The market for short fiction is enormous

29 Oct 2011 in international | questo post è lungo 452 parole

Short Fiction Week

Jacob Appel

Jacob M. Appel  is an American author. Awards: Boston Review (1998), New Millennium (2004, 2007, 2008), Faulkner (2004), O. Henry Award (2001).  __

ebooks | ___[Wikipedia](http://en.wikipedia.org/wiki/JacobM.Appel)

Novels can have pauses and faults: a long story wins by points. A novelette, as Julio Cortazar wrote, needs to win by knock-out. Do you agree?

A wise man neither agrees nor disagrees with Cortazar because one is never certain precisely what one is agreeing to. That being said, many of our most successful short story writers favor the knock-out approach.
This is certainly true of most of the iconic American masterpieces, such as John Cheever's "The Swimmer," Shirley Jackson's "The Lottery," Phillip Roth's "The Conversion of the Jews," Ursula LeGuin's "The Ones Who Walk Away from Omelas," Flannery O'Connor's "A Good Man Is Hard to Find," and countless others.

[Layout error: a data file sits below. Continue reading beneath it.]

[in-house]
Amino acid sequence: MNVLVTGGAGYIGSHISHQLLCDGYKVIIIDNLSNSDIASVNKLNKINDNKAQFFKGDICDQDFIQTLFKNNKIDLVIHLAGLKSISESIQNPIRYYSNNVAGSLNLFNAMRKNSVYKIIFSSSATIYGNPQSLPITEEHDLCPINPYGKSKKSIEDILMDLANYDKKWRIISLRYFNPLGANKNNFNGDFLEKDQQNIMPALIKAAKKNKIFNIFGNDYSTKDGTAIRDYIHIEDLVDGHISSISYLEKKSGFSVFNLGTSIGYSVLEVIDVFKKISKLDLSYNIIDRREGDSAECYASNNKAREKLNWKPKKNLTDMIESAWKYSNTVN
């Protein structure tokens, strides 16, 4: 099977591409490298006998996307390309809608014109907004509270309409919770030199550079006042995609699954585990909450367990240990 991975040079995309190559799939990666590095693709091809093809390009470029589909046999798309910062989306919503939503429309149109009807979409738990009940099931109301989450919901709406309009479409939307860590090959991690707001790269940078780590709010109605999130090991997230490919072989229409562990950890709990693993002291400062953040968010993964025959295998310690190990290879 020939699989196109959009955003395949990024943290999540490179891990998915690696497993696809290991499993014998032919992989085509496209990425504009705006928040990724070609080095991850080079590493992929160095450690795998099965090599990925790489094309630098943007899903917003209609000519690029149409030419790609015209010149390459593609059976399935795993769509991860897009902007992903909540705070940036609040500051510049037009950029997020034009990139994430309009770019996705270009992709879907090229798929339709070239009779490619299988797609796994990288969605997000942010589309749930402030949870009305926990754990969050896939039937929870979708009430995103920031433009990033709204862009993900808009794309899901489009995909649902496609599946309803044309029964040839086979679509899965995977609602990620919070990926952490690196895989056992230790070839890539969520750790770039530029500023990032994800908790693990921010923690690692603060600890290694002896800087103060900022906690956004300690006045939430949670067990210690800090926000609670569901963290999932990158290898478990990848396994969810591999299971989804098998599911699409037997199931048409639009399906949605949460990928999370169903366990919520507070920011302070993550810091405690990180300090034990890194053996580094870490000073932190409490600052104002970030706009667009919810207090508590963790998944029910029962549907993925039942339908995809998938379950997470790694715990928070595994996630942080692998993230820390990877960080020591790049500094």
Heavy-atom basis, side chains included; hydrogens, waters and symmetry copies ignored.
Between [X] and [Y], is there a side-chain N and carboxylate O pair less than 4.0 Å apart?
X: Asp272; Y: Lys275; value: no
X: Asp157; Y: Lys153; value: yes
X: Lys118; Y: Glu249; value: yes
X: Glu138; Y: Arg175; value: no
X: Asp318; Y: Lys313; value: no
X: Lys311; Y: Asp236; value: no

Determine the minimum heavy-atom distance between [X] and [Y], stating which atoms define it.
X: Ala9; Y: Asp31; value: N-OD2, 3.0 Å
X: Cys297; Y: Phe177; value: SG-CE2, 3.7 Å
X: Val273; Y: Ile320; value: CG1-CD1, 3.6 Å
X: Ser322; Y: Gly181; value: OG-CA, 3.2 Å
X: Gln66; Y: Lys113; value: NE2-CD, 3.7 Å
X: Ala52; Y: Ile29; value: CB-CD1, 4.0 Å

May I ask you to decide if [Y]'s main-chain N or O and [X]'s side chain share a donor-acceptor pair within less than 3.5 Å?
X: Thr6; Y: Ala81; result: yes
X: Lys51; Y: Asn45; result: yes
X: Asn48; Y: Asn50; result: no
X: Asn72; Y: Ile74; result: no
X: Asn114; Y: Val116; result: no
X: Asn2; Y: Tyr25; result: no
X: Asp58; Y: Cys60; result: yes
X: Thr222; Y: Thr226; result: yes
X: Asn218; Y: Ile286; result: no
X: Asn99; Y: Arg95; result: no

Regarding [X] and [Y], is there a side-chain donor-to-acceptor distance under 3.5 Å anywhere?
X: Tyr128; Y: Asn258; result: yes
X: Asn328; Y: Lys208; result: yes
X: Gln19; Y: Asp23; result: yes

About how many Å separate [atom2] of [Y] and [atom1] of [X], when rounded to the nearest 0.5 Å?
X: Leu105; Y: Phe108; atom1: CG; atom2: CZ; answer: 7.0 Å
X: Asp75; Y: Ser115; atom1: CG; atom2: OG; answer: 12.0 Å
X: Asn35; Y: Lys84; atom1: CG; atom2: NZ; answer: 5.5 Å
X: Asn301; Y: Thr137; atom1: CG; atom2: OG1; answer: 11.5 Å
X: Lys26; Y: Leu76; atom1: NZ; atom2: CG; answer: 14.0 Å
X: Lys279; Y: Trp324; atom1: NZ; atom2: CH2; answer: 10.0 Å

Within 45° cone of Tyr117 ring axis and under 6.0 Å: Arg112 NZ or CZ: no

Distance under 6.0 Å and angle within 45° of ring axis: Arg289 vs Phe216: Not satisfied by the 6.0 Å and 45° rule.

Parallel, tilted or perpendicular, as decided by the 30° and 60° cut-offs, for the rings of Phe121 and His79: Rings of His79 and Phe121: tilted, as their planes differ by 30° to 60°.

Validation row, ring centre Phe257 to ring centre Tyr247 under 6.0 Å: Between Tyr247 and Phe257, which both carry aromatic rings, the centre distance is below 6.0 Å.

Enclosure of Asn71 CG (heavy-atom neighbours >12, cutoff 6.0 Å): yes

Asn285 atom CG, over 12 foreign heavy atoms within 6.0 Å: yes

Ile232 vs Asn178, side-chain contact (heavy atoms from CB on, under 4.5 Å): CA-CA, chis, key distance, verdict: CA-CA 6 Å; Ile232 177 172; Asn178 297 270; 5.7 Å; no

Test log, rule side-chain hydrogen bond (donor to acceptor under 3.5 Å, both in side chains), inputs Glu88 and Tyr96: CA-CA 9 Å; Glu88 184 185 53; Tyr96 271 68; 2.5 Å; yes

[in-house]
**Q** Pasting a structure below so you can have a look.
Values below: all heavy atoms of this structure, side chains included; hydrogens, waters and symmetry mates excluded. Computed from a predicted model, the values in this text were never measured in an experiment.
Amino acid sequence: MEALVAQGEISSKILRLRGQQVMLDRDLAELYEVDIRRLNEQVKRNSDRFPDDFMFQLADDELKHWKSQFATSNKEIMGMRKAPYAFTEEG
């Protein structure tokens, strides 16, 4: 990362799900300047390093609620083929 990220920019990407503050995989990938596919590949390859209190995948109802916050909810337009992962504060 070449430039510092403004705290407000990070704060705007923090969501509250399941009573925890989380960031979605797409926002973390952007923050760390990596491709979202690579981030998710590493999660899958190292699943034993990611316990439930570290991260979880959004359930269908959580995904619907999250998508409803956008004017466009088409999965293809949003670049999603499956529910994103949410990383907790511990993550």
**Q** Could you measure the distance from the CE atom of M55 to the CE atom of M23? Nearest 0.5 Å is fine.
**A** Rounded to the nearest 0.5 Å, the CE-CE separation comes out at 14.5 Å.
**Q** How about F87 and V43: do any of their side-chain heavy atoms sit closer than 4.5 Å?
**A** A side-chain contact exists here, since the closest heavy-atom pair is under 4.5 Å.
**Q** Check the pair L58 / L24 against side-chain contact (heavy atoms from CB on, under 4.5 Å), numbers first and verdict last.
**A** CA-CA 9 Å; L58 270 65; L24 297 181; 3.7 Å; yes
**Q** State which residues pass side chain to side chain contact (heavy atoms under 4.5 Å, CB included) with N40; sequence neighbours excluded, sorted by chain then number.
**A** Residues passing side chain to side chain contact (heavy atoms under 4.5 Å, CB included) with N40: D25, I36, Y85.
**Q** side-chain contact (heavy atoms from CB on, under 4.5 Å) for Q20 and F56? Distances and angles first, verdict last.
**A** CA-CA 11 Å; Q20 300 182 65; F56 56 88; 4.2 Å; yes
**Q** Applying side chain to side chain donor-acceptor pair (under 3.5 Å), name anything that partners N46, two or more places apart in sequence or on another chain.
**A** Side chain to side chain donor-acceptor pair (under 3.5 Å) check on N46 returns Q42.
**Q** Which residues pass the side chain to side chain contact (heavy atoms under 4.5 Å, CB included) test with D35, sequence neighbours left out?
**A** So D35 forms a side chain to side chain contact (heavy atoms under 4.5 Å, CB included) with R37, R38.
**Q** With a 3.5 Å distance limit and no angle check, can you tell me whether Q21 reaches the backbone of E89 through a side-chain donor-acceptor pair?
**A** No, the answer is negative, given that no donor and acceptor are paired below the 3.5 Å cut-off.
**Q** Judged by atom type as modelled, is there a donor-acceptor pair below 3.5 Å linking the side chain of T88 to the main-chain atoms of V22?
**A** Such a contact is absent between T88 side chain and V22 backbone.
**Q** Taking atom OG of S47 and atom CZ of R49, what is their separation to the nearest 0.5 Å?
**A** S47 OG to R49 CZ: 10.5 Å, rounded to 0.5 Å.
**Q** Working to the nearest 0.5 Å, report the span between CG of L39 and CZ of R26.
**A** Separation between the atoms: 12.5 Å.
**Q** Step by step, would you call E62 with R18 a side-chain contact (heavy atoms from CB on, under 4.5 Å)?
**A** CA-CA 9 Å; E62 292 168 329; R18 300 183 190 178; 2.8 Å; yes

But I do think there is a place for a quiet short story. Katherine Mansfield often wins on points. Alice Munro does too. So I think the shorter form favors the knock-out, but it's not essential.

Is there a literary bias against the short form of fiction?

I don't a bias exists among readers or writers, but rather among editors and publishers. If properly cultivated, the market
for short fiction is enormous; unfortunately, many of the "wise men and women" at the large agencies and publishing houses view the short story as a training ground for future novelists rather than as a distinct art form of its own.

Plot, setting, ideas. What are, in your opinion, the perfect ingredients of a novelette/novella?

Good novellas, like all worthwhile fiction, are character driven. An unusual setting or an intricate plot can often draw the reader along, but they’re not essential. Ideas, in contrast, are absolutely the death knell of a good short story or novella. Nobody wants to read a "short story of ideas"; they want to read a short story of emotion.
You can sometimes get away with ideas in a large novel, as does Tolstoy. But if you want ideas in a short work, you are better off writing tracts or pamphlets and leaving them on automobile windshields.

Would you suggest three must-read novelettes/novellas?

“Ethan Frome” by Edith Wharton
“The Road Through the Wall” by Shirley Jackson
“The Ballad of the Sad Café” by Carson McCullers

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